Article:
Trying to head off cancer
Antitope and BIIR to work on cell line for novel therapeutic dendritic-cell-targeting vaccine
LONDON & DALLAS—Antitope Ltd., an Abzena company, announced recently that it will develop cells for the Baylor Institute for Immunology Research (BIIR), which it calls “one of the world’s leading centers for translational immunology research,” using its Composite CHO technology. BIIR is developing a range of therapeutic vaccines for the treatment of cancer and other diseases, and the goal of this effort with Antitope is to develop a cell line for the production of BIIR’s novel dendritic-cell-targeting vaccine for the treatment of head and neck and cervical cancer.
Antitope and BIIR have worked together on other scientific work in the past, and Matthew Baker, chief scientific officer of the Abzena group and co-founder of Antitope, has expressed his pleasure at being able to continue their relationship and “have the opportunity to help advance one of [BIIR’s] novel therapeutic dendritic-cell-targeting vaccines towards the clinic.”
“We are thrilled to be continuing our working relationship with Matthew Baker and his team at Antitope on this program, and we anticipate that the vaccine can now be rapidly advanced to clinical studies,” concurred Gerard Zurawski, co-director of BIIR and director of the Center for Biotechnology at BIIR.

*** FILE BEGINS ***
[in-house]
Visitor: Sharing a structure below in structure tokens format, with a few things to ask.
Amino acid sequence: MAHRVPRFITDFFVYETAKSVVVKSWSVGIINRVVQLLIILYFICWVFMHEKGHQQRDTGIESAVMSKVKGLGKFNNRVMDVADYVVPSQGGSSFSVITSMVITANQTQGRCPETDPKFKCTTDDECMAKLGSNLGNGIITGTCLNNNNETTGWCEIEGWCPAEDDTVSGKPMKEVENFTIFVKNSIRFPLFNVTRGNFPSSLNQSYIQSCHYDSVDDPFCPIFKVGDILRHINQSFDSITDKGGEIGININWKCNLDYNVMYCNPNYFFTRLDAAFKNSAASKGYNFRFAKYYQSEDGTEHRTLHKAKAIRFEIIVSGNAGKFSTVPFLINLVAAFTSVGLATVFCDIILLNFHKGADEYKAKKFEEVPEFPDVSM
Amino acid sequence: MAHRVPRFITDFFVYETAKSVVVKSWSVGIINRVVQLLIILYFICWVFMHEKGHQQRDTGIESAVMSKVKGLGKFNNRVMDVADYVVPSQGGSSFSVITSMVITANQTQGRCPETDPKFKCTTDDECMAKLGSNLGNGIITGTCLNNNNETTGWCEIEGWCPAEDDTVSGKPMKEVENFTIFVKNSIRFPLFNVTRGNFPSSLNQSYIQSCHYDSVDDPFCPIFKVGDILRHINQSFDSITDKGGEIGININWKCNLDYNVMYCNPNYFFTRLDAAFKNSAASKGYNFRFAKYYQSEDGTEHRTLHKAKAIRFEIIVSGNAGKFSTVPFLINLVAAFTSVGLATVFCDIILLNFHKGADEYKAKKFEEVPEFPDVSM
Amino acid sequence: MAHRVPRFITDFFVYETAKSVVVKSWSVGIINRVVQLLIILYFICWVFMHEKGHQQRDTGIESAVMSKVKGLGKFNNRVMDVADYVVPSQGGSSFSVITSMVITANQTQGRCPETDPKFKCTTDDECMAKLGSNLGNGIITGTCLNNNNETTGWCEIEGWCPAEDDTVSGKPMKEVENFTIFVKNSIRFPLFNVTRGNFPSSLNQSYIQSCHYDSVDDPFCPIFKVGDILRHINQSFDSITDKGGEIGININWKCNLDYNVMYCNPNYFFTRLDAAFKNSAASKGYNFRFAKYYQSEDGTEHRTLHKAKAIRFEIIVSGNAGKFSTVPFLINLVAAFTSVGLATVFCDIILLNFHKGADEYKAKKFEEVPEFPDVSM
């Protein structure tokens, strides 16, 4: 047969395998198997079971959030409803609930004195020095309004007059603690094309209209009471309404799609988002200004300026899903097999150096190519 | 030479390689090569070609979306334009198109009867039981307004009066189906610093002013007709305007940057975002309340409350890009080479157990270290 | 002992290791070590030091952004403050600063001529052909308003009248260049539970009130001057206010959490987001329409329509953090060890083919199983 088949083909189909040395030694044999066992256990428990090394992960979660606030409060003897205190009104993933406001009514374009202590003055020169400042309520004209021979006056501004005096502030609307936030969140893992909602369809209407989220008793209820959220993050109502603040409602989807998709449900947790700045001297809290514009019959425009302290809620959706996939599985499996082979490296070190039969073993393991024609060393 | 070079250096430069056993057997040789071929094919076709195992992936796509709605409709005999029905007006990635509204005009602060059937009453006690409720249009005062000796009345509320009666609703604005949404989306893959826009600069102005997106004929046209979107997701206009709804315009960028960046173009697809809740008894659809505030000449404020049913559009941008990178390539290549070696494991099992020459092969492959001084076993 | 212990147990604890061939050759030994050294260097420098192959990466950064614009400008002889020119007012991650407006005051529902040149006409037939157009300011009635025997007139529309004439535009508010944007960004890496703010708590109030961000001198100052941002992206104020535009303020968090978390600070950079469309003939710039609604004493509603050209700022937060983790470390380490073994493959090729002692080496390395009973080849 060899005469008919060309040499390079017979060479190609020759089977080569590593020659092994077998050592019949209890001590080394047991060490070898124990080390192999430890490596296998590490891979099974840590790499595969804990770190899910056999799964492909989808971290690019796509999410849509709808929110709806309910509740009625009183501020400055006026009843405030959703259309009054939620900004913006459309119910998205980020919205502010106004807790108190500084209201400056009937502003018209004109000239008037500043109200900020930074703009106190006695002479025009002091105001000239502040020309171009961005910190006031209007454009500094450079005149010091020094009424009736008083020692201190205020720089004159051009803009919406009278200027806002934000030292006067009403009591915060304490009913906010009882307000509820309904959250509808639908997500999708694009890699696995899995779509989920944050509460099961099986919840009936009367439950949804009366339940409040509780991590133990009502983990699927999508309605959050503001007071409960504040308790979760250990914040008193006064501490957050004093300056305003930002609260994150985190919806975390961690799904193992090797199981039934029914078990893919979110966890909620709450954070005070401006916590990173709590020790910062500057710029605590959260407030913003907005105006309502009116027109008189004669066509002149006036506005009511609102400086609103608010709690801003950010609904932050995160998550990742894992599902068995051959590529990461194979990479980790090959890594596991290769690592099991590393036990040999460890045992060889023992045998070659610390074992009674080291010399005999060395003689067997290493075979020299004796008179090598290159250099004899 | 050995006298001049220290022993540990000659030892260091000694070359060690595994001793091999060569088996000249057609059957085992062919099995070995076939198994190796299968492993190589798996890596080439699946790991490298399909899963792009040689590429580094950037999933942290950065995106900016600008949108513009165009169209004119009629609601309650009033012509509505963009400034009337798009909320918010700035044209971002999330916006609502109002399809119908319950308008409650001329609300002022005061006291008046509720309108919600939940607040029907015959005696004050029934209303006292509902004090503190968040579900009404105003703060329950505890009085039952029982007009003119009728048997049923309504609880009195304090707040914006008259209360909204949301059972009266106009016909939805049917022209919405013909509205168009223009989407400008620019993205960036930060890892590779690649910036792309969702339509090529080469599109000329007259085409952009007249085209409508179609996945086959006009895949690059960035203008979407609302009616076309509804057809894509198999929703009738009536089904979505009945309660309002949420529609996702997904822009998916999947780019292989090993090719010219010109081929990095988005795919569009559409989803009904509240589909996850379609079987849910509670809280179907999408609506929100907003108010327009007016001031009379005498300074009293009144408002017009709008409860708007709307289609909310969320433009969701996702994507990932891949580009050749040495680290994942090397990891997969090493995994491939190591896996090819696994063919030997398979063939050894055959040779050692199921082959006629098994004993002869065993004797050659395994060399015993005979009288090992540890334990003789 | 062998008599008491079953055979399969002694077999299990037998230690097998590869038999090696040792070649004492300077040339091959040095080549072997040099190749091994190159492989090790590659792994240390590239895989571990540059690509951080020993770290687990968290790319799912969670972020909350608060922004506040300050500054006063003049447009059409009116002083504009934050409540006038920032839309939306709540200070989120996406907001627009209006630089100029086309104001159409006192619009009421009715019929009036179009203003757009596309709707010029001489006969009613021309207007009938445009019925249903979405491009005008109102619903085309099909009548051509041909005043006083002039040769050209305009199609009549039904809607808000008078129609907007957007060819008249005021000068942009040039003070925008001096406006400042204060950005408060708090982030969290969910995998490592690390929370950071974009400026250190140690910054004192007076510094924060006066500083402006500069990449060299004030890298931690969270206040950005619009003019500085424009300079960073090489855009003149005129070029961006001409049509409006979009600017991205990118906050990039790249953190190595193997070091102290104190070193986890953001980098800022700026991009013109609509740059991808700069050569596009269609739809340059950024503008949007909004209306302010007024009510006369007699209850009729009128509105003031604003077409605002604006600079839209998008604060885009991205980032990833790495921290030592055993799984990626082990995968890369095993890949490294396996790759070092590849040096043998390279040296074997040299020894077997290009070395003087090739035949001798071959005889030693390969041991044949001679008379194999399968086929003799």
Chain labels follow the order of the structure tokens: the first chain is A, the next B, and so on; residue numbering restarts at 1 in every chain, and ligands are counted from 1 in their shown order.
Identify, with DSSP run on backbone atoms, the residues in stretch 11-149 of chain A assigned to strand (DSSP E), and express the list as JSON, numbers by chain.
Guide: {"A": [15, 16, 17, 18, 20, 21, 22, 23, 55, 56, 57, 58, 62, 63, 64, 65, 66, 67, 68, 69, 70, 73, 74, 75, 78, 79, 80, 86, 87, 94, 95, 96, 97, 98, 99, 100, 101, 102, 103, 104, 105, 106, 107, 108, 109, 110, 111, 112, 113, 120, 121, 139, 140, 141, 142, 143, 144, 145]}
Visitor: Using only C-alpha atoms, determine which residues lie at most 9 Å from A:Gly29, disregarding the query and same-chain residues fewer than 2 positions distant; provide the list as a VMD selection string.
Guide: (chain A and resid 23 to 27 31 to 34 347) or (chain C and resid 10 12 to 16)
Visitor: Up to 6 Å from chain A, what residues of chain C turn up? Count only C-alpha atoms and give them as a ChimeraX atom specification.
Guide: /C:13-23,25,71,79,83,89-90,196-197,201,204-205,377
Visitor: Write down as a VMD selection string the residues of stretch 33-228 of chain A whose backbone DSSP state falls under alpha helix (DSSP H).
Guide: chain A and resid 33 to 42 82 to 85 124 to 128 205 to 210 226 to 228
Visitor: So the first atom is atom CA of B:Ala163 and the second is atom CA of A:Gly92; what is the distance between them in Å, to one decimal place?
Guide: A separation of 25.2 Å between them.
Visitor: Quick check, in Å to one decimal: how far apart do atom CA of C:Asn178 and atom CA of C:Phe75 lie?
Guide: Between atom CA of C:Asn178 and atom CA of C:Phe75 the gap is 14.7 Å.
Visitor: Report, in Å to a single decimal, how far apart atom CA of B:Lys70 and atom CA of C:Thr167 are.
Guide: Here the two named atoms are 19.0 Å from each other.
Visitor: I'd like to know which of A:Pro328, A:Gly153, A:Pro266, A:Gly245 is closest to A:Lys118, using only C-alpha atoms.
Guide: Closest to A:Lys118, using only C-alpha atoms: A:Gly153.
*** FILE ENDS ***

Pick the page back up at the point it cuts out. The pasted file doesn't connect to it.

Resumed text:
Antitope and BIIR began their relationship several years ago when Antitope applied its Composite Human Antibody technology to humanize several novel BIIR antibodies. Reportedly, the humanized antibodies have been an important tool for BIIR in the development of its therapeutic vaccines.
Helping the new collaboration and continuing work to go even smoother will be the fact that, as part of the Baylor Scott & White Health system, BIIR can access GMP manufacturing capabilities in the system’s Temple, Texas, facilities, which were established with funding from Cancer Prevention Research Institute of Texas, “and our systemwide clinical trials infrastructure, to develop products for cancer patients across the globe,” according to Dr. Michael Ramsay, president of the Baylor Research Institute.
Abzena is the new name for the PolyTherics group, and the company notes that it is “focused on providing proprietary technologies and value-added services to enable the development of better biopharmaceuticals.” The Composite CHO technology was developed for the generation of stable cell lines producing high yields of proteins and antibodies ready for cGMP manufacture.
Wholly owned subsidiary Antitope calls itself “an industry leader in immunogenicity assessment, protein engineering to create humanized antibodies and deimmunized therapeutic proteins and cell line development for manufacture.” The company says it provides its services and technologies to an international client base that includes most of the world’s leading biotechnology and pharmaceutical companies.
BIIR is the immunology component of Baylor Research Institute and has programs in cancer vaccines, transplantation immunology, infectious diseases and inflammatory diseases. The goal of BIIR is to quickly translate important research discoveries from the “bench to the bedside” to improve patient care and prevent the causes of diseases before they occur.